Holding a cell phone while driving, even when disabling software makes it impossible to use, counts as distracted driving in British Columbia according to a recent ruling by the province’s Court of Appeal.
The ruling follows a three-year court battle, in which a Vancouver Island man (not represented by Warnett Hallen LLP) was ticketed for holding his cell phone on the steering wheel while he was driving.
While there was no dispute that he was holding the phone, the man argued that the phone had software that disabled all functions while the vehicle was moving and therefore could not have been a distraction. But according to B.C. Court of Appeal Chief Justice Robert Bauman, a cell phone — even when it can’t function — is an electronic device, and electronic devices are prohibited from being handled while driving in British Columbia.
At Warnett Hallen LLP, our attorneys applaud this latest decision by the court. Distracted driving is unacceptable under any conditions. Cell phone use is the key contributing factor in the majority of distracted driving accidents in British Columbia. The court’s decision is a firm crackdown on how the handling of a phone, even with no intent to use it, pulls a driver’s attention away from the road.
The Dangers of Distracted Driving
According to the B.C. government website, drivers fail to see roughly 50 percent of their driving environment when they are using electronic devices. As many as 25 percent of auto accidents can be attributed to distracted driving.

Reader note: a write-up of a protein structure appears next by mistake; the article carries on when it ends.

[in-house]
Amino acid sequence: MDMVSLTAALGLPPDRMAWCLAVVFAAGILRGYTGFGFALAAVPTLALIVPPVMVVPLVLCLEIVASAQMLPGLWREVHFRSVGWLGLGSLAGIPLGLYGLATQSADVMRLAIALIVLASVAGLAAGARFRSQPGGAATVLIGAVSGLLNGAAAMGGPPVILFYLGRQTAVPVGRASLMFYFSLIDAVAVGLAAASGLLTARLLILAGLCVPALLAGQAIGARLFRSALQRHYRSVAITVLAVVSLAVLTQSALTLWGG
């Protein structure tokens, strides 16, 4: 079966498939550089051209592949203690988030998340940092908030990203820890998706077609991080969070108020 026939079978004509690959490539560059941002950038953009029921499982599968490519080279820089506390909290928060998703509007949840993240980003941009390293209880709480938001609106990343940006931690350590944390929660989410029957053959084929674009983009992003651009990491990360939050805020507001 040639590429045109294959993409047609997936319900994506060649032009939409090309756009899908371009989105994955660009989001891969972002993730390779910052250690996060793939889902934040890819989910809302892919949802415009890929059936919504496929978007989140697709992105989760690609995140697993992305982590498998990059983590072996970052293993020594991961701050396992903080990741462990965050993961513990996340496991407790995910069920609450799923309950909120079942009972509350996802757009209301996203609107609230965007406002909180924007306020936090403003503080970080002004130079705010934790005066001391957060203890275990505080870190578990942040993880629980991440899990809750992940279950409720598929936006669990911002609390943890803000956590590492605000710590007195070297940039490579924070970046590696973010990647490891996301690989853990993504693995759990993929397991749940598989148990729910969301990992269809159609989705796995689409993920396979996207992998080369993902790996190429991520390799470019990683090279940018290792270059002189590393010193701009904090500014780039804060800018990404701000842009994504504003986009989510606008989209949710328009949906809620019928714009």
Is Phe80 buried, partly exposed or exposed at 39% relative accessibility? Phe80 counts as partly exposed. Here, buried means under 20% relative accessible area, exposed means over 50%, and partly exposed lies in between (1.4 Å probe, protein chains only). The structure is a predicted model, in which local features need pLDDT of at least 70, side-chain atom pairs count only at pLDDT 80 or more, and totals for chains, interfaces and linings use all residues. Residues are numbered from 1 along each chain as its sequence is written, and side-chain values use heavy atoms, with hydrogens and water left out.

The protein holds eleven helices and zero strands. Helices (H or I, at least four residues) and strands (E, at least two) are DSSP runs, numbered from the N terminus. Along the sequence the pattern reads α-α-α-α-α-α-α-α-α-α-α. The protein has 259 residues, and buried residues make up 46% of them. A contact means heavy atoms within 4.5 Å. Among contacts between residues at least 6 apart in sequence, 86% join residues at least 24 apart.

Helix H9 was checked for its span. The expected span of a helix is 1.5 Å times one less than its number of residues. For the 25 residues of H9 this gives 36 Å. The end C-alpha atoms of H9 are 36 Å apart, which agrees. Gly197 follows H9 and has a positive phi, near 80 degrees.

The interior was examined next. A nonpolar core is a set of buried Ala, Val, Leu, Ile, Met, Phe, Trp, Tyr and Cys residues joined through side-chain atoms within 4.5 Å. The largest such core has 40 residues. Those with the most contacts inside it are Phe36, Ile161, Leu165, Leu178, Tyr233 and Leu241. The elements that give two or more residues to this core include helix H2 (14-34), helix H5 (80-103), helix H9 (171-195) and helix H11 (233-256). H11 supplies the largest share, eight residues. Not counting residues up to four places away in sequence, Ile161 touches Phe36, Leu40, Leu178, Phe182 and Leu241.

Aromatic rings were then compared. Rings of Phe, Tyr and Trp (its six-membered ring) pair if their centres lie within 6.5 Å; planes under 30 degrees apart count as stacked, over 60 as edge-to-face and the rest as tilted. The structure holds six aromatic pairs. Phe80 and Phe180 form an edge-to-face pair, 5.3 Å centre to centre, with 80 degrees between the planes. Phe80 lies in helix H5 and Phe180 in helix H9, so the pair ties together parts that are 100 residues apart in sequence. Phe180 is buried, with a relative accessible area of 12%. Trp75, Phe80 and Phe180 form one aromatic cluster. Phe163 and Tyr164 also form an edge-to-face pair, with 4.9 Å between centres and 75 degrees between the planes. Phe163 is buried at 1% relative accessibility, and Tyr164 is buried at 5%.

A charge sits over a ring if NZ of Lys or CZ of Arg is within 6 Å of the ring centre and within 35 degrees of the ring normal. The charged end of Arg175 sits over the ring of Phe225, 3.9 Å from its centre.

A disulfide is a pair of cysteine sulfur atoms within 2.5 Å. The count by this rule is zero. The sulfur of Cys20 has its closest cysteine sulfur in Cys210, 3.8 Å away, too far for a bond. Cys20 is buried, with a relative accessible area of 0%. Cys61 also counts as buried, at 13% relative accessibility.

Although cell phone use is a key cause of distracted driving crashes, it is not the only one. Other examples include:
- Eating and drinking
- Personal grooming, such as applying makeup
- Attending to children in the back seat
- Talking to passengers
- Searching for objects, like a purse or briefcase
- Adjusting the radio, GPS, or climate controls
Under the Motor Vehicle Act Part 3.1 — Use of Electronic Devices, the law at Section 214.1 states that using a cell phone includes:
- Holding a phone in a position when it could be used
- Operating one or more of the device’s functions
- Communicating orally by means of the device with another person or another device
- Taking another action that is set out in the regulations by means of, with or in relation to an electronic device
Based on the Court of Appeal’s decision, it’s important for drivers to remember that simply holding a phone is enough to warrant a distracting driving offense. Holding your phone means that your hands aren’t fully on the steering wheel and that you won’t have proper control of the vehicle. Focusing on the phone is also a cognitive distraction, meaning that a driver’s mind is not focused solely on the road the way it should be.
When You Need a Vancouver Distracted Driving Lawyer
If a distracted driving crash in B.C. has injured you or a loved one, it’s possible to seek compensation through a personal injury claim. This money can help cover the cost of medical expenses, lost wages, rehabilitation, and other losses. Most of these claims are resolved in settlements with ICBC, but recent changes to the law limit how much certain car accident victims can receive. The best way to learn what you may be entitled to is by contacting an experienced ICBC lawyer at Warnett Hallen LLP.
Ready for help? We’re standing by. Contact our Vancouver law firm today for a free consultation.